Nanotechnology expert Kenneth Klabunde explains that nanoparticles have a life of their own and can attract, catch, and “eat” harmful bacteria and viruses without recourse to a traditional filtration system.
According to Klabunde, the four basic advantages of nanoparticles are as follows: they are abrasive enough to cut through the micro-bodies of bacteria; the chemical makeup of the nanoparticles reacts with bacteria to “soften” them; they can both attract and aggregate with bacterial bodies; and when combined with chlorine, as is done in the nanomasks, these nanoparticles can essentially “suffocate” the bacteria. In other words, the bacterial particle becomes deprived of oxygen and dies, after which the nanoparticles “eat” its dead body.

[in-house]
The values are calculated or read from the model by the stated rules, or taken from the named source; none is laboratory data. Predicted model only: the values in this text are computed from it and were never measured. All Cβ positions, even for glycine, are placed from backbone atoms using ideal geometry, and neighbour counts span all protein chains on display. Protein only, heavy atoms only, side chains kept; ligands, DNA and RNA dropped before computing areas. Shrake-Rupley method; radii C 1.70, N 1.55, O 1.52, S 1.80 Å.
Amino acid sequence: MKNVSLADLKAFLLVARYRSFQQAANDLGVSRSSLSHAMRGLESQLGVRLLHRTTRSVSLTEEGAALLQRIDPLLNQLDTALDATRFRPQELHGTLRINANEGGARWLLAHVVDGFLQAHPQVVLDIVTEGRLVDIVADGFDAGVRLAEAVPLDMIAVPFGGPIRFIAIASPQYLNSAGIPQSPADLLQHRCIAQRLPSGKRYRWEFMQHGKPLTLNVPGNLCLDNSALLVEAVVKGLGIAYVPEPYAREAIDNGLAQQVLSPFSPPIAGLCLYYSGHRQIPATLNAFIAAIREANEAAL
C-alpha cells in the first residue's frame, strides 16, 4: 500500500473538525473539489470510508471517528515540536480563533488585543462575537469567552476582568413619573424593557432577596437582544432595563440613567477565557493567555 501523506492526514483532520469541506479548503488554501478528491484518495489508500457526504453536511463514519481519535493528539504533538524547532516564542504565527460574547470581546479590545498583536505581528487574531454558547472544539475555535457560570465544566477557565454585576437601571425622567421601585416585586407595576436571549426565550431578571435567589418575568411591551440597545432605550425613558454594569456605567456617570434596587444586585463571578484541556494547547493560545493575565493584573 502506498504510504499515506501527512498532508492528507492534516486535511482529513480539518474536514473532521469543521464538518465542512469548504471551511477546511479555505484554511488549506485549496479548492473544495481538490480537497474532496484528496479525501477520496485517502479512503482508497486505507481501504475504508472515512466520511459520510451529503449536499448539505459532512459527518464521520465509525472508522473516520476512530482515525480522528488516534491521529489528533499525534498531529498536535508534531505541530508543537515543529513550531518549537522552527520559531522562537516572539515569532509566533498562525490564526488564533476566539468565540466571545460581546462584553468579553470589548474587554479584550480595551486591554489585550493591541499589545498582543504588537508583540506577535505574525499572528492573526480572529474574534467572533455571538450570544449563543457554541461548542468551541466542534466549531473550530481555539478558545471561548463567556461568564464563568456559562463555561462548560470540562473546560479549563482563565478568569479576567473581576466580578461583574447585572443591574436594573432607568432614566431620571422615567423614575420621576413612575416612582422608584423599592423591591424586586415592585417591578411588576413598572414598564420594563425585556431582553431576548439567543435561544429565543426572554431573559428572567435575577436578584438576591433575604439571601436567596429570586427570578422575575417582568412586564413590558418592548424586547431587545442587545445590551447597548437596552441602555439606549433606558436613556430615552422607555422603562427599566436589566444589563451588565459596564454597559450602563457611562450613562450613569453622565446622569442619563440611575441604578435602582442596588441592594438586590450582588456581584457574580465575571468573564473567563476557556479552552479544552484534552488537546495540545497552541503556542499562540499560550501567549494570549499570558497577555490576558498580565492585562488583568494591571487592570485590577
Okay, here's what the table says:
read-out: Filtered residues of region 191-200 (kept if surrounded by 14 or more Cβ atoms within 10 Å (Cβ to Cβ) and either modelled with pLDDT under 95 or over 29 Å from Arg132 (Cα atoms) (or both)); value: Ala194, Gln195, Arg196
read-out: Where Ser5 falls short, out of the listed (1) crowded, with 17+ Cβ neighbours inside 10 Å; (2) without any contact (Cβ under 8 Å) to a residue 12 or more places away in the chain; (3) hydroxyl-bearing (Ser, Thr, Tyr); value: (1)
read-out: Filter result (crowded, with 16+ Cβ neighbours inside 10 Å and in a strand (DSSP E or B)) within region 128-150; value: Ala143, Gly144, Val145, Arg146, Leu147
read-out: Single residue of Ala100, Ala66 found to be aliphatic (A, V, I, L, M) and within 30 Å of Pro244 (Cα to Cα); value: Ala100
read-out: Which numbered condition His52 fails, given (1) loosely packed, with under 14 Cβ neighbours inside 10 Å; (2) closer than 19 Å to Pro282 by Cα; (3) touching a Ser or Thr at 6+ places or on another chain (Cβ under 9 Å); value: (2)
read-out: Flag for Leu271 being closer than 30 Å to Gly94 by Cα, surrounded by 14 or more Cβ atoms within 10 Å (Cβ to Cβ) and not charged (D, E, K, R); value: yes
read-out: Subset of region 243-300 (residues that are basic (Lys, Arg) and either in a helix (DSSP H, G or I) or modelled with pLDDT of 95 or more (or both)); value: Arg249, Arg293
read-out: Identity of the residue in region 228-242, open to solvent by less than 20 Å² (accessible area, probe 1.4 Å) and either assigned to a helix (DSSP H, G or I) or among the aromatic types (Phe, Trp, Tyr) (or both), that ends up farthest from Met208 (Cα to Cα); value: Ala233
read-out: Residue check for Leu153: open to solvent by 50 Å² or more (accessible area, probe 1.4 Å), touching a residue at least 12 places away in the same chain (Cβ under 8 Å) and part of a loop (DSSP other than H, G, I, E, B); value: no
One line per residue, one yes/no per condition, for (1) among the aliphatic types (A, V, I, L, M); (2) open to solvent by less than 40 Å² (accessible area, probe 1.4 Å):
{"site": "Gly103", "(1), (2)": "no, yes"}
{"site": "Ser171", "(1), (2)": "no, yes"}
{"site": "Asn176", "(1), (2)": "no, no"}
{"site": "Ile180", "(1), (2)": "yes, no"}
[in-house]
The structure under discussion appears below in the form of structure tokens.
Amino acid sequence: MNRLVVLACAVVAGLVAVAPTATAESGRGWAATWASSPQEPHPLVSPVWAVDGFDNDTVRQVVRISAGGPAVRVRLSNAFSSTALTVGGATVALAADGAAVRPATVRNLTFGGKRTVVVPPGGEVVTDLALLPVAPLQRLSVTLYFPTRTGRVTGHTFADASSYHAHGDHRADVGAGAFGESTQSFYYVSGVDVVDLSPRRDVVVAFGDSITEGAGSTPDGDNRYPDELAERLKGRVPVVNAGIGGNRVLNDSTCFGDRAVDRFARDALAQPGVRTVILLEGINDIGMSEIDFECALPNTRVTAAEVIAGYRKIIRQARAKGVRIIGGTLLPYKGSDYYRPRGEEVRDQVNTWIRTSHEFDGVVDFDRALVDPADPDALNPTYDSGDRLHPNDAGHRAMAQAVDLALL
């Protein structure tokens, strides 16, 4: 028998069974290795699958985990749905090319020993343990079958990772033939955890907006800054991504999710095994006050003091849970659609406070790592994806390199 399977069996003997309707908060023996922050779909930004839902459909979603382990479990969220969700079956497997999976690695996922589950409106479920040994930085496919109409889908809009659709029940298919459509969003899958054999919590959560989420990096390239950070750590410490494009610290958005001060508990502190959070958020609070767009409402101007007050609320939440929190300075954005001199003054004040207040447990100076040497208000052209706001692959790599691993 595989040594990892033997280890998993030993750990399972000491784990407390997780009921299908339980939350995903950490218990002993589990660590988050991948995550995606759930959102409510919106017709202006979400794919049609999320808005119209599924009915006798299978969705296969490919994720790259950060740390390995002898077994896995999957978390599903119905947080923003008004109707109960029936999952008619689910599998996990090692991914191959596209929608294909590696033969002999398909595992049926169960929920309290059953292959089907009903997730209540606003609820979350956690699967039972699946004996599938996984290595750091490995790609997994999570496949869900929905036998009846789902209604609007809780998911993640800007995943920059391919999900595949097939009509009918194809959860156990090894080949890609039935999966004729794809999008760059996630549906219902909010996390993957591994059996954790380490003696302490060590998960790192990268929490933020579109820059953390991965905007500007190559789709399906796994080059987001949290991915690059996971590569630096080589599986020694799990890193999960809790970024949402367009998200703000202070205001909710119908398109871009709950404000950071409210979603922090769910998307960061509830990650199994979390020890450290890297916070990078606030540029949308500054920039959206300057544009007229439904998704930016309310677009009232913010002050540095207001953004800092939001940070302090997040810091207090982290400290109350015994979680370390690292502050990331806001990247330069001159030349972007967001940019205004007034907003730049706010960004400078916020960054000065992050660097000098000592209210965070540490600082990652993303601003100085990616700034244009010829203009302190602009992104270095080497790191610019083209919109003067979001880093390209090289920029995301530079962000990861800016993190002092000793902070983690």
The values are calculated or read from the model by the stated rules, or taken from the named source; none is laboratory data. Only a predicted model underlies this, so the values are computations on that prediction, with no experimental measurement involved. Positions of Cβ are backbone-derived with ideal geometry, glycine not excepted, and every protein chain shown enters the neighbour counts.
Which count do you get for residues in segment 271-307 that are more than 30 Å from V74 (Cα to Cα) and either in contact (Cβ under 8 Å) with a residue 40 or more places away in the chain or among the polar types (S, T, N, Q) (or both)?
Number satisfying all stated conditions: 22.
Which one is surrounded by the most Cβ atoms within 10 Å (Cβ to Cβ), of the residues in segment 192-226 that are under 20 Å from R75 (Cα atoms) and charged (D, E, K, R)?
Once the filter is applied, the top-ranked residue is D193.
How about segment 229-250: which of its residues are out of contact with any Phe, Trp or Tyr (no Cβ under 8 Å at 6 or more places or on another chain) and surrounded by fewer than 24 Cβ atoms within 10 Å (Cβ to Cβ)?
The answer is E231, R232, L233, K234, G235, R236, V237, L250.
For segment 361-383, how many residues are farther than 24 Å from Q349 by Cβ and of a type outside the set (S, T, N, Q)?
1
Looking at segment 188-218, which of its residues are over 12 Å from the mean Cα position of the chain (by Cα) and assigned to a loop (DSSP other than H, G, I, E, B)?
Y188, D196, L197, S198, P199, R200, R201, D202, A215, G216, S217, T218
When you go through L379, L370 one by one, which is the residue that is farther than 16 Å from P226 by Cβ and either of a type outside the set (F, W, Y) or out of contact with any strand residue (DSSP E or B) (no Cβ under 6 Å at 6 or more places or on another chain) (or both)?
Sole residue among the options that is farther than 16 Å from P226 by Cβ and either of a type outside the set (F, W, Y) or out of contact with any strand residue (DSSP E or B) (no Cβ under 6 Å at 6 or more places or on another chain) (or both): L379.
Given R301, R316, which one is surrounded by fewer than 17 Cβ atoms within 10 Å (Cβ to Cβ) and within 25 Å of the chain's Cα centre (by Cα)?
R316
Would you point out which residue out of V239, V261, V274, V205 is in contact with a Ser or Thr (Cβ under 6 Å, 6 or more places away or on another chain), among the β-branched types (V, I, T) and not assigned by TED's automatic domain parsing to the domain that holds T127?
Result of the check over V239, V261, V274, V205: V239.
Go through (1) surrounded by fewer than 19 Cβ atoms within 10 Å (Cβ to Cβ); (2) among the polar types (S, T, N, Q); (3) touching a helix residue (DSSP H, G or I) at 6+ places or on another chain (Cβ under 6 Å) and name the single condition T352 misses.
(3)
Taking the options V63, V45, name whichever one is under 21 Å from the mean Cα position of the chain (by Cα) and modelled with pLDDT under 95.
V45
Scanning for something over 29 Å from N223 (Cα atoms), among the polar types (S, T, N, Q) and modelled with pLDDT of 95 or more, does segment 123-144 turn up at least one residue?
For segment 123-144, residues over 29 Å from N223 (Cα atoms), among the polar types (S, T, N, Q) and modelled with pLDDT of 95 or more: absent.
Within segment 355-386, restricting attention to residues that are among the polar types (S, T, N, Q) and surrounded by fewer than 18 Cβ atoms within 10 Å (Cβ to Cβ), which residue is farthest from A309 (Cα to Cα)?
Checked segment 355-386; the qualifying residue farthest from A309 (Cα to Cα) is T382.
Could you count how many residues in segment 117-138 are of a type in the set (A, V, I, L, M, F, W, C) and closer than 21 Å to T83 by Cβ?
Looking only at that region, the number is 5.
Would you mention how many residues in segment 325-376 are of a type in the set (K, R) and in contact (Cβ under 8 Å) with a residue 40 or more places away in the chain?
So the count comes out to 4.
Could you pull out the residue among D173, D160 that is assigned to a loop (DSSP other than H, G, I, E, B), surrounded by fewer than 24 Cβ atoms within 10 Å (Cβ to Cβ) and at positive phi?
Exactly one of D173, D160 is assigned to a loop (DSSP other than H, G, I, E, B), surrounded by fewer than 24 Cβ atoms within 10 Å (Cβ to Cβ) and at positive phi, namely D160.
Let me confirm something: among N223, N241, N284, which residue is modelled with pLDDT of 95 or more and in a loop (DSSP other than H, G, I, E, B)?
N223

Gruesome though it may sound, it’s wonderful news to people caught in an epidemic. Nothing makes them feel safer than knowing that nanoparticle masks give them four layers of protection in one.
Unlike most nanotechnology that you may be familiar with, these nanoparticles have not been manipulated on the molecular level; they are merely broken down into extremely small pieces. Expert Steven Glapa describes it as a clever form of industrial chemistry, adding that many types of “smart” coatings use basically the same process.
In terms of nanotechnology as a discipline, these nano-masks represent the most basic form of nanoparticle research on the market. Most other nanotech products have been altered somehow, not simply ground into a powder and painted on. Its main effectiveness lies in the way that the nanoparticles naturally react to the chlorine additive, without which the mask would have no special function. With it, the mask becomes a super-filter.